So Judd grabs Nada and runs for the kitchen but Daddy Goldberg stops them. There's a weird choice of verb usage in the next sentence making me wonder if I missed a detail because I was distracted by some other, more obvious wrong in this story, in which Judd is described as "blasting" Daddy Goldberg. Needless to say, my inner third-grader is going nuts with that choice of verb, but I doubt that's what the writers intended so anyone wanna help me out? Either way, Judd has pinned Daddy Goldberg to the ground and as the GC are busting in, he tells Samuel, Nada, and Jamal to run for it. over their protests. I suppose I could question why the GC haven't completely surrounded the place, making any kind of escape impossible, but dammit! For once, given the way this scene is written, I actually feel a little suspense! I actually care about what's going to happen to Judd, even as my cynical side is saying, "Y'know in all likelihood this will result in nothing, just like everything else."

I'm going to assume that the ghostwriter has been writing most of the scenes in this book, at least the ones I like, because I can't imagine anyone as tone-deaf, as ignorant and proud of it as Ellanjay actually doing decent albeit by-the-book writing as this.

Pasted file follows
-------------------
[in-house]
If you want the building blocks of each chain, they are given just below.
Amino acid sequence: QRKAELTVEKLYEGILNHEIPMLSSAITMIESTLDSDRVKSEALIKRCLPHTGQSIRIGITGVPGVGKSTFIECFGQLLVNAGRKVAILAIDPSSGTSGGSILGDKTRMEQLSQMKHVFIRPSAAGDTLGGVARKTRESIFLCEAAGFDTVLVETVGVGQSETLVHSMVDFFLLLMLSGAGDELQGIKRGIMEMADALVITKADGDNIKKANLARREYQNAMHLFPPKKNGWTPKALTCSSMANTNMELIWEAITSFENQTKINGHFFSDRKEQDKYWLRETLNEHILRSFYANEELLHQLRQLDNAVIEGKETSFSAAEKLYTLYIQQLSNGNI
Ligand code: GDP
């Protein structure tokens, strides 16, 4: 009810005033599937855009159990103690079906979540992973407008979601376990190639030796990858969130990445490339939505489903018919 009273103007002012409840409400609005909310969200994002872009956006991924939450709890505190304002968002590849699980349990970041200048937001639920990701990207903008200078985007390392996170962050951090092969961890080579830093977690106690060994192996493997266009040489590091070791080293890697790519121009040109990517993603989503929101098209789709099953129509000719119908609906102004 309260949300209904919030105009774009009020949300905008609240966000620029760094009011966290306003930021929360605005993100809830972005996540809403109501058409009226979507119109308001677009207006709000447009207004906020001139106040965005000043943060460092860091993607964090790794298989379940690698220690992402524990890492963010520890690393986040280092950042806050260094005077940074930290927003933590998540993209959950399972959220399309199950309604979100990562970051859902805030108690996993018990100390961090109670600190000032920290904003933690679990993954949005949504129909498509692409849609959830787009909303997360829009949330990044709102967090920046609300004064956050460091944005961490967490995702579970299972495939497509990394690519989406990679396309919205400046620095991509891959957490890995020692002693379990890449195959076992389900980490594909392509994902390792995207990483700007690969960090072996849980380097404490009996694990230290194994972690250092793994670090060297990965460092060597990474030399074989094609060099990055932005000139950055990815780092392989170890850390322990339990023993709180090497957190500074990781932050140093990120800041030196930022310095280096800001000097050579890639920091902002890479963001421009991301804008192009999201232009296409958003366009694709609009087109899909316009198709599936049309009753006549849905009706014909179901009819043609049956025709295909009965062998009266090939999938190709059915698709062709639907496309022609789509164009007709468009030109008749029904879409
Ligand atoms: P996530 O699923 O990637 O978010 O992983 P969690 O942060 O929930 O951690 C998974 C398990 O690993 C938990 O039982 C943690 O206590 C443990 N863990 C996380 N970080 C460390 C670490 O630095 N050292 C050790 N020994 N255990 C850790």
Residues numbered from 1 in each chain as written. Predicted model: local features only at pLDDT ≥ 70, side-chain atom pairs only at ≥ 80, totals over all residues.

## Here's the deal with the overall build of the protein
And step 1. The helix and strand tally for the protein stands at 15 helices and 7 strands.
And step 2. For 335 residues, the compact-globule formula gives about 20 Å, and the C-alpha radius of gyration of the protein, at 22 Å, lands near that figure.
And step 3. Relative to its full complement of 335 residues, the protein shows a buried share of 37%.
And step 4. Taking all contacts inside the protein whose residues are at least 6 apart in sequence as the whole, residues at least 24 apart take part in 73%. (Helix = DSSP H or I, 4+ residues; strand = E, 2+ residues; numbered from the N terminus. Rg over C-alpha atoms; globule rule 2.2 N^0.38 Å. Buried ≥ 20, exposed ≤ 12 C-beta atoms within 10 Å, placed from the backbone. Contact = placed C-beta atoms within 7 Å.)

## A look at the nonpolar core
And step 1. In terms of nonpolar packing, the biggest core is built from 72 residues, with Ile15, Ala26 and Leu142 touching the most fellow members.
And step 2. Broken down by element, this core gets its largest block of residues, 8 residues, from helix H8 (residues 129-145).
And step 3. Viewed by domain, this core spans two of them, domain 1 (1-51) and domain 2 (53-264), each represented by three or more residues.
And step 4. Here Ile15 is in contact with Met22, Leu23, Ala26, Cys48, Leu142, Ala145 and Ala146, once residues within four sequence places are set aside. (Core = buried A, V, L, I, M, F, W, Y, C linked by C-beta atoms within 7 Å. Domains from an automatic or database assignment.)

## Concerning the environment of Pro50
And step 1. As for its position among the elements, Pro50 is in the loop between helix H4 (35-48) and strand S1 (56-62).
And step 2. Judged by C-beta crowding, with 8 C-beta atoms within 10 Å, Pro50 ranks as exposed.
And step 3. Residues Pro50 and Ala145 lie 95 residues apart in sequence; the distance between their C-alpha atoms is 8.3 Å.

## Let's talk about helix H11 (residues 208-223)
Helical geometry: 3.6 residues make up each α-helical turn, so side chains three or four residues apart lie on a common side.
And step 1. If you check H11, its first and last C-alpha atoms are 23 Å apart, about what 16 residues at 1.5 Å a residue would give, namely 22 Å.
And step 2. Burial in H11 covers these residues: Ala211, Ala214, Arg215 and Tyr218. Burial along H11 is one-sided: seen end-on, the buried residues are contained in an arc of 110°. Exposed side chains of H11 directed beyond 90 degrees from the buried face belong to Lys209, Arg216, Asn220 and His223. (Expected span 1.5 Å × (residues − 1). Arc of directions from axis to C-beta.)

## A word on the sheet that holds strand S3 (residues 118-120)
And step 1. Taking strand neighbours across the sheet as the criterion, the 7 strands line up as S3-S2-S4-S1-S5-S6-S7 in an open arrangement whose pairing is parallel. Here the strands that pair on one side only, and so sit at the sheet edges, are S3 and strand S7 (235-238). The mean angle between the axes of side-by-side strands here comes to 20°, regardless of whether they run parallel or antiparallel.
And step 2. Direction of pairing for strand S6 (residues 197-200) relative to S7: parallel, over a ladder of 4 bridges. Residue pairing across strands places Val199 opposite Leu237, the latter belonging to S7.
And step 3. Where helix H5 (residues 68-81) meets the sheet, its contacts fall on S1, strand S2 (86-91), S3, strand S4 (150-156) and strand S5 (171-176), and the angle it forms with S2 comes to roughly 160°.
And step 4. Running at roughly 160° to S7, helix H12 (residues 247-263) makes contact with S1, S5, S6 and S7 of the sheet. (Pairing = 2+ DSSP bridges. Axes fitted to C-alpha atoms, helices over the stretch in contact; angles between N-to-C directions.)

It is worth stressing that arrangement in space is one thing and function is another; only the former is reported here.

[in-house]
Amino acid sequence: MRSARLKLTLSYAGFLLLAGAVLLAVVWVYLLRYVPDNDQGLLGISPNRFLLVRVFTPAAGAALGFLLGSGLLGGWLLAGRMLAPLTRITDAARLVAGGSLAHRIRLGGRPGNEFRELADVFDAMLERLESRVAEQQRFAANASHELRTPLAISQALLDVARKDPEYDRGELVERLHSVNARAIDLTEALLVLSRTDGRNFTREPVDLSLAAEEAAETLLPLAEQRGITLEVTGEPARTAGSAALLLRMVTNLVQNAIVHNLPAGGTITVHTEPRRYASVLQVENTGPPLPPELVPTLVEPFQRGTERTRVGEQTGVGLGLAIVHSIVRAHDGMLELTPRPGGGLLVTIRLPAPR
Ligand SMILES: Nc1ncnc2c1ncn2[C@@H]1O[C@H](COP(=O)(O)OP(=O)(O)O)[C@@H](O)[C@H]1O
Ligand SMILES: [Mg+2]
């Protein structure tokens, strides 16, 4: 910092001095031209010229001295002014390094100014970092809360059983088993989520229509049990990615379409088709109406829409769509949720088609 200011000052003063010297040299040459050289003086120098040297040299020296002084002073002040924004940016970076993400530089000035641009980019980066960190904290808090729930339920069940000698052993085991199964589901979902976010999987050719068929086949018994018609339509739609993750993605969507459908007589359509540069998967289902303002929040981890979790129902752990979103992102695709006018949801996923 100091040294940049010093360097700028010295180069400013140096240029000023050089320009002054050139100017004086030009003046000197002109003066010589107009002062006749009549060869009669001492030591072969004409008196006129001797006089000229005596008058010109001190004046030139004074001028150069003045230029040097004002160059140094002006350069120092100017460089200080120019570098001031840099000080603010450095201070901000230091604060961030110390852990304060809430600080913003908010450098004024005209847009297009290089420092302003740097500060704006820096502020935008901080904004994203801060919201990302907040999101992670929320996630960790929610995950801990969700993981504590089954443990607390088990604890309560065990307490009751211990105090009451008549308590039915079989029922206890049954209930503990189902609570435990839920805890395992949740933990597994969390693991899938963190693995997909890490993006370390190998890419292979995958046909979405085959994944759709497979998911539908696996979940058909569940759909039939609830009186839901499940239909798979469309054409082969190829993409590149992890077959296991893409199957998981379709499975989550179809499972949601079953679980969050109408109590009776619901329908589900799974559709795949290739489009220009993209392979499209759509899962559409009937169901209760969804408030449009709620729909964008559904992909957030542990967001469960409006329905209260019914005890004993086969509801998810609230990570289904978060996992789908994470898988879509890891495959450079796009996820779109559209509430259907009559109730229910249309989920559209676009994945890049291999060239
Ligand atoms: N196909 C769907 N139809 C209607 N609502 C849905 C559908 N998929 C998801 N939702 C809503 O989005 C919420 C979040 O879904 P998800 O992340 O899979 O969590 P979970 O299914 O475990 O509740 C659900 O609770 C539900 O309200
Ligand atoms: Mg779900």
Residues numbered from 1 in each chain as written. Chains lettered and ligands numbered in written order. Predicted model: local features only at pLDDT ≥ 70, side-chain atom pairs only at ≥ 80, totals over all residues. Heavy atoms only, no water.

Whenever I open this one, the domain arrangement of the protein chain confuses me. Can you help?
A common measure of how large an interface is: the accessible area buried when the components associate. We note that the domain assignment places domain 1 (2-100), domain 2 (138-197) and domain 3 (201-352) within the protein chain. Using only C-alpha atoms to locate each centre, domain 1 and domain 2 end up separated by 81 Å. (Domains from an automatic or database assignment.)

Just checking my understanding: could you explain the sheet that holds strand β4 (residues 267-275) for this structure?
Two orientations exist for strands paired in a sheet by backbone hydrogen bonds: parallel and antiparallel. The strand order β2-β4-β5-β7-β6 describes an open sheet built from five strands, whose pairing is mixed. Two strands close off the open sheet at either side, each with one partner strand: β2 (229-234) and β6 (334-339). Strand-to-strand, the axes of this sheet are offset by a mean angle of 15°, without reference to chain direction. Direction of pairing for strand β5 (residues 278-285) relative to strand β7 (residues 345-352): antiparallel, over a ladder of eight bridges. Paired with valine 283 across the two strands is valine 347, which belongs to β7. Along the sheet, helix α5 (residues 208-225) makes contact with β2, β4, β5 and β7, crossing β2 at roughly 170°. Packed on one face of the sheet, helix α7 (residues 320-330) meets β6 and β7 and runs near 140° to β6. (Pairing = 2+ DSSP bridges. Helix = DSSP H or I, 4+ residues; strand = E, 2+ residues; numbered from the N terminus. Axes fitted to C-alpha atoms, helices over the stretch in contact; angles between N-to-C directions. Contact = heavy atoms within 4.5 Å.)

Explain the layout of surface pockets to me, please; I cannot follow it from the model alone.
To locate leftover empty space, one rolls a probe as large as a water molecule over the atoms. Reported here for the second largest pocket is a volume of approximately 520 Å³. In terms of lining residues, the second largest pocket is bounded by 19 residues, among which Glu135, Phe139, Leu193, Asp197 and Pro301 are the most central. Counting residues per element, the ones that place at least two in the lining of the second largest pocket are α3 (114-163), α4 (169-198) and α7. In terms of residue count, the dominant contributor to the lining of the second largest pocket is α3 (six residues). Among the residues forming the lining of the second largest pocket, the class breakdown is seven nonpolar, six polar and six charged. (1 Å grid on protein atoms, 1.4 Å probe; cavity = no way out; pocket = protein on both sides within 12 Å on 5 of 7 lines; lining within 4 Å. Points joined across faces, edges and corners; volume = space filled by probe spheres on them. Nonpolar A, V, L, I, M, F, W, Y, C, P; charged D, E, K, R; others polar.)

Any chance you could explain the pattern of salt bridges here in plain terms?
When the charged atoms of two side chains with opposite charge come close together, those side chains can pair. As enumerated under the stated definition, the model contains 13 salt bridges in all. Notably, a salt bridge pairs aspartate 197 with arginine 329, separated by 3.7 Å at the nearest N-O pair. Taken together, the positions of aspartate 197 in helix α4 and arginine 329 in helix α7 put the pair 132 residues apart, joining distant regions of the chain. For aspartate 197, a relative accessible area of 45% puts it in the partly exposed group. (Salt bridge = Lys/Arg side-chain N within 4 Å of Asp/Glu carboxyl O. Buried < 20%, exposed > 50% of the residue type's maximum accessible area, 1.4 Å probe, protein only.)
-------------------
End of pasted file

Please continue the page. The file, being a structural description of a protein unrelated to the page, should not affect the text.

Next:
Daddy Goldberg manages to slip free from Judd and Judd tries to escape, only to run into the GC and the fact I actually feel some concern about what's going to happen to him is testament to the skills of the ghostwriter.

Meanwhile, the kids in America are freezing in the school and even that has some suspense as Vicki is worried because Melinda's condition is deteriorating and she's wondering what more can be done. Again, cynics may wonder why she's the only one deteriorating so badly, but shut up! For the first time in a while, I actually care about the characters and what's going to happen to them. After enduring so much crap in these books, can't I enjoy a little of the good without it being tainted by base cynicism?

Janie and Charlie are bickering over who gets to sleep next to Phoenix aka the dog and even that seems to work because even though the characters are godless heathens worthy of hellfire and damnation by Ellanjay's standards, you get a feeling that the writer has some compassion and knows that they're fighting because they're freaking cold, not just because they're horrible heathens full of concentrated evil. Janie then hints at something she read in a book about a guy who was freezing to death who used his dog to stay alive. In her words: "Won't tell you what the guy did, but it didn't end well for the dog." And again, there's none of the usually derisive notes that the characters usually refer to her; you get the idea that she's suggesting this because she's freaking cold and not because, again, concentrated evil. Y'know this spate of good writing makes me wonder if the brave ghostwriter slipped something in Ellanjay's drinks and banged this out while they were out cold. Just remember, it wouldn't be that hard for him to get away with something like that; Ellanjay believe that editing and rereading are for wimps.

There is a brief discussion of that email from Carl, which I'm not going to rehash the whole 'Carl' thing because I don't care, but the section ends with a massive snowstorm hitting which douses the fire, making things even colder, and plunges the room into darkness.